Atkins modelled the effect of tolls, starting with a £2 charge for cars and a £4 charge for HGVs – a rate based on the theoretical value of the time saved by drivers using the new road. But this charge pushed so many vehicles onto alternative routes that the vast majority of economic benefits from the scheme were lost.
“HS2 is a stupid project. It was a contractors’ fantasy sold by lobbyists to Labour’s transport guru, Lord Adonis, and then to David Cameron, somehow as an alternative to a third runway at Heathrow. […] The project has now been dumped on transport secretary Patrick McLoughlin, who seems miserable with it.”
But if, for any mad reason, HS2 were to go ahead, at least London could inject some sanity into it. Bring passengers into Old Oak Common and on to Crossrail, and one day take them to France. Save London a decade of pointless misery at Euston, wrote Simon Jenkins (Evening Standard, 24 September 2013).
Crossrail has been expensively over-engineered precisely so as to take mainline trains. Why not let it? Whatever the cost, it would be less than HS2 to Euston.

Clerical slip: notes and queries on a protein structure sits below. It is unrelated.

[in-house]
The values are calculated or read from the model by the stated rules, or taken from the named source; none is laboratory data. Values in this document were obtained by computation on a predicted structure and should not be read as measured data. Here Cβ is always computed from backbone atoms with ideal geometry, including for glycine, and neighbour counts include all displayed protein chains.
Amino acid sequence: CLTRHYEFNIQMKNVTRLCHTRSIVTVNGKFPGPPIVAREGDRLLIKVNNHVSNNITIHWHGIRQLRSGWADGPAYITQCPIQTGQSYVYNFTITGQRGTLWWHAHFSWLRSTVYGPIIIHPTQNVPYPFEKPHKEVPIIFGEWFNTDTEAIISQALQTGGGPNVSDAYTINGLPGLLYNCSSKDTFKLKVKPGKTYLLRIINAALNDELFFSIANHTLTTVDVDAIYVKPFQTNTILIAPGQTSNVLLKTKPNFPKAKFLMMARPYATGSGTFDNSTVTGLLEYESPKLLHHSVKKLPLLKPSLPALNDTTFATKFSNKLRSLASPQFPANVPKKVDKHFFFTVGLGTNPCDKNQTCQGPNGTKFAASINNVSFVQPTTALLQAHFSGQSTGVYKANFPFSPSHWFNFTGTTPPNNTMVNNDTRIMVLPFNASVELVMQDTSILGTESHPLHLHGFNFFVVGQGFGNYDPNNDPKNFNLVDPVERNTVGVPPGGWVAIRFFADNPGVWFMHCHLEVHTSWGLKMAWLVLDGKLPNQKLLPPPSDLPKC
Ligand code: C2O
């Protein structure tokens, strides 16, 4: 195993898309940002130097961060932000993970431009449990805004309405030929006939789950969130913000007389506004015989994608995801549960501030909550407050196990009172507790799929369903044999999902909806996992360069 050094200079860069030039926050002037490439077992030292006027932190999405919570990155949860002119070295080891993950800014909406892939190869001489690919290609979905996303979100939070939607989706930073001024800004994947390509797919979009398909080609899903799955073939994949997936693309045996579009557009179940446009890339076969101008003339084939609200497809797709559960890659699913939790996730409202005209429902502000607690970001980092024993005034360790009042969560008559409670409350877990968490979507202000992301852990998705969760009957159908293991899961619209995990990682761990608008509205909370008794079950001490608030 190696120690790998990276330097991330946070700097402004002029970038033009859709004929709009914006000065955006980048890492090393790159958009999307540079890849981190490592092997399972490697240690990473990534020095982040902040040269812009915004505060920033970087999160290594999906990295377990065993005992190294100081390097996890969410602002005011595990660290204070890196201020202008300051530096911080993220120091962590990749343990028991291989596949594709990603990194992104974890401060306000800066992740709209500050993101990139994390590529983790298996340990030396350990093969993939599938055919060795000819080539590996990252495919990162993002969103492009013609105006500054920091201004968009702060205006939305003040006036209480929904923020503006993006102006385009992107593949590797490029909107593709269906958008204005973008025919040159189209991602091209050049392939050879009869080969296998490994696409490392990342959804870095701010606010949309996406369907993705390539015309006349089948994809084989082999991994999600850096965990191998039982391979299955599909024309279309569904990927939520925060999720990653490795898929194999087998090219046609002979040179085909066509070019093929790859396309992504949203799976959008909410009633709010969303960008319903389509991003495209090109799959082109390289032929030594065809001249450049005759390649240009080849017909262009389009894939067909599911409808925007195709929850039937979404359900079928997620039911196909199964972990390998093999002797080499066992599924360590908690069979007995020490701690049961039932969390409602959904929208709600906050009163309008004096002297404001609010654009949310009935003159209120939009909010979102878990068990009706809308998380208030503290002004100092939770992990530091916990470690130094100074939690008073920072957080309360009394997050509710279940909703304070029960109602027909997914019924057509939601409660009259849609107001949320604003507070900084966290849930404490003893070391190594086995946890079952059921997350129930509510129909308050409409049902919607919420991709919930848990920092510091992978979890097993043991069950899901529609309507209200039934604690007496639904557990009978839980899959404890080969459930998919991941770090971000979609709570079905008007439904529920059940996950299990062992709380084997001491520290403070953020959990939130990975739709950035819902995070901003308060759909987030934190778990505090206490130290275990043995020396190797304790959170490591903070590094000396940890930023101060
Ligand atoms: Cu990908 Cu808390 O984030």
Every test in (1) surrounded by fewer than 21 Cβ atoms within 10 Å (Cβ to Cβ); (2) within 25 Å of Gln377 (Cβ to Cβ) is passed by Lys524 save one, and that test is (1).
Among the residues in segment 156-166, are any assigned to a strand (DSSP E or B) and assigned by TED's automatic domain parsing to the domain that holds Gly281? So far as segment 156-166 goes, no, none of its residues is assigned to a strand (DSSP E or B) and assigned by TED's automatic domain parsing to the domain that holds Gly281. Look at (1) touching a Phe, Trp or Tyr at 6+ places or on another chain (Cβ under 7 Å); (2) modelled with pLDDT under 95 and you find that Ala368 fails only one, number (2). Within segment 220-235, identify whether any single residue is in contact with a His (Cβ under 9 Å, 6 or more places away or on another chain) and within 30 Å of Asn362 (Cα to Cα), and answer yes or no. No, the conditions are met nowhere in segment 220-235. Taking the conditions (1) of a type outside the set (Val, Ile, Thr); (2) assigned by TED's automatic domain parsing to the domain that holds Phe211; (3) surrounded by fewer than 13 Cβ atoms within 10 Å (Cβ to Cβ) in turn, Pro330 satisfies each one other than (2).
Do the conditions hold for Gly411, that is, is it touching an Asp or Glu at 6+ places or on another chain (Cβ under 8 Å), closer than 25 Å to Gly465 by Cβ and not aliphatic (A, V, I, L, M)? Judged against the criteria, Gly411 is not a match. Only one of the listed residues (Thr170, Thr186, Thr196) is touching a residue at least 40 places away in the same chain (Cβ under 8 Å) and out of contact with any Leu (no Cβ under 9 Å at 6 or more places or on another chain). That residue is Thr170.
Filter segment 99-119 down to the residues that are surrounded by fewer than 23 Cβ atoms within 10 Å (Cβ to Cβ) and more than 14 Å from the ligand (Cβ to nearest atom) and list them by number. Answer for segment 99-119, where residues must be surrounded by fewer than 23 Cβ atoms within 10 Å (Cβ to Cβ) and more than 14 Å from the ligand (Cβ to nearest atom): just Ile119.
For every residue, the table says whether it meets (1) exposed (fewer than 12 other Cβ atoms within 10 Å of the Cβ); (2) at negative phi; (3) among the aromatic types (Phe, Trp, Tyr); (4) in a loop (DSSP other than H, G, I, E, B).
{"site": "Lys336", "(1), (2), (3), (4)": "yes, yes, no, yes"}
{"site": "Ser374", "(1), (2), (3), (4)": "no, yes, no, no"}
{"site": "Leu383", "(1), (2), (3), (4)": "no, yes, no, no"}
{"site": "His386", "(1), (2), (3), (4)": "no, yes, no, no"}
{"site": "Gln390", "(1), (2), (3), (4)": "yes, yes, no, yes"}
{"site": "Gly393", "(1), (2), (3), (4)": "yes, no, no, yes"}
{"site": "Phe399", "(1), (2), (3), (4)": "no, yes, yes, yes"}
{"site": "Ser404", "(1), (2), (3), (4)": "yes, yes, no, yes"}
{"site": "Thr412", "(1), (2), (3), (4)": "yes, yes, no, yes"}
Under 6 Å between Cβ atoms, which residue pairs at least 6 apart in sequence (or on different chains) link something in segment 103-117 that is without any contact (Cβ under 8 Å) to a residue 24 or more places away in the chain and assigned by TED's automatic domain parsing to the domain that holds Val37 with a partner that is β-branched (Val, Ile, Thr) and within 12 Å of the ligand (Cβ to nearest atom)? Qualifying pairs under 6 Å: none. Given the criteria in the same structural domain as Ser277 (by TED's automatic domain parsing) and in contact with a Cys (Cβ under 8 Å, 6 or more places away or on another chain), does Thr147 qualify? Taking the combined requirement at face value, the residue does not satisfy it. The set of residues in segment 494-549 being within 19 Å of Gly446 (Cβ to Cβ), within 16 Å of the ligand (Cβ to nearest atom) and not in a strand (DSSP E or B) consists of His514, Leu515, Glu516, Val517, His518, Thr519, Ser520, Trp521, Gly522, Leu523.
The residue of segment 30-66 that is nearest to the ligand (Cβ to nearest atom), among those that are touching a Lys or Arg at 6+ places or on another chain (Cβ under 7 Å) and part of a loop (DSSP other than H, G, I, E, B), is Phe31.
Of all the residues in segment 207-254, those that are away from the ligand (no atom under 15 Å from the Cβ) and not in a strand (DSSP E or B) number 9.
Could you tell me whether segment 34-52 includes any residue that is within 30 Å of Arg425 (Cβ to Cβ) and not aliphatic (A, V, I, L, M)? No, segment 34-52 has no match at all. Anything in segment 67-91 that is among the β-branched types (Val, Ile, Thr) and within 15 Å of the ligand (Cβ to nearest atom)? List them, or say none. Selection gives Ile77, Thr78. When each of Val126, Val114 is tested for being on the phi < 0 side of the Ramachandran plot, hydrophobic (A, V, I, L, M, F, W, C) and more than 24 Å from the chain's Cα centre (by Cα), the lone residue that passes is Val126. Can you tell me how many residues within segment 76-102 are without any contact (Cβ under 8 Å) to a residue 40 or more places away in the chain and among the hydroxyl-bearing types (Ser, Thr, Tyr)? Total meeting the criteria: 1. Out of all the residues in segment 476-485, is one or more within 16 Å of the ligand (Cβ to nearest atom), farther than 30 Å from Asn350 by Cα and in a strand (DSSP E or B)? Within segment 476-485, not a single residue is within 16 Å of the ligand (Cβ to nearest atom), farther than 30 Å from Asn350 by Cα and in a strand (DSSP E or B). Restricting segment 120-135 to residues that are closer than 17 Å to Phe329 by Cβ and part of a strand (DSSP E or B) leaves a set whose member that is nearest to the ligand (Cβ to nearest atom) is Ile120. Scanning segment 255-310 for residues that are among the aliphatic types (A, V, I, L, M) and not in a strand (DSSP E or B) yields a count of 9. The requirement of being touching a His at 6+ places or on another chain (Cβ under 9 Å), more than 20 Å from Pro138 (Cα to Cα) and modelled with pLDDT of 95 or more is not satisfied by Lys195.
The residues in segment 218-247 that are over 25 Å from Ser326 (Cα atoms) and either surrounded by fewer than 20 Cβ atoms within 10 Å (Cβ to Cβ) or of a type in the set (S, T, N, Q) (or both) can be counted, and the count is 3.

Adapting Crossrail to come to the aid of both HS1 and HS2 through London makes sense. If Crossrail connected with HS1 in Stratford, which it will not as planned, that would enable trains one day to run from Scotland and the north through London to the Continent. This would correct the mistake made when HS1 was diverted east through Stratford into St Pancras, rather than coming directly north under London and on up to Scotland, as originally planned in the Eighties. […]
Crossrail has been designed as a 24-trains-per hour regional metro running from west to east London, with stations (with platform screen doors) in central London being served by trains of a standard type. At one stage in the project, the intention was for Crossrail trains to reach Ebbsfleet (which is on the HS1 line), but the current south-east terminal is Abbey Wood.
Being able to route long distance trains into London Crossrail would have made a lot of sense, but it’s already too late to provide such capability in a cost-effective way. Even turning Crossrail into a Thameslink-style regional express system (Superlink) is likely to prove quite difficult. It’s likely that Crossrail’s tunnel internal diameters (6 metres?) are not compatible with the Technical Specifications for Interoperability for high speed rail.
The only option which makes economic sense is to terminate the HS2 project, but are there any politicians prepared to grasp the nettle?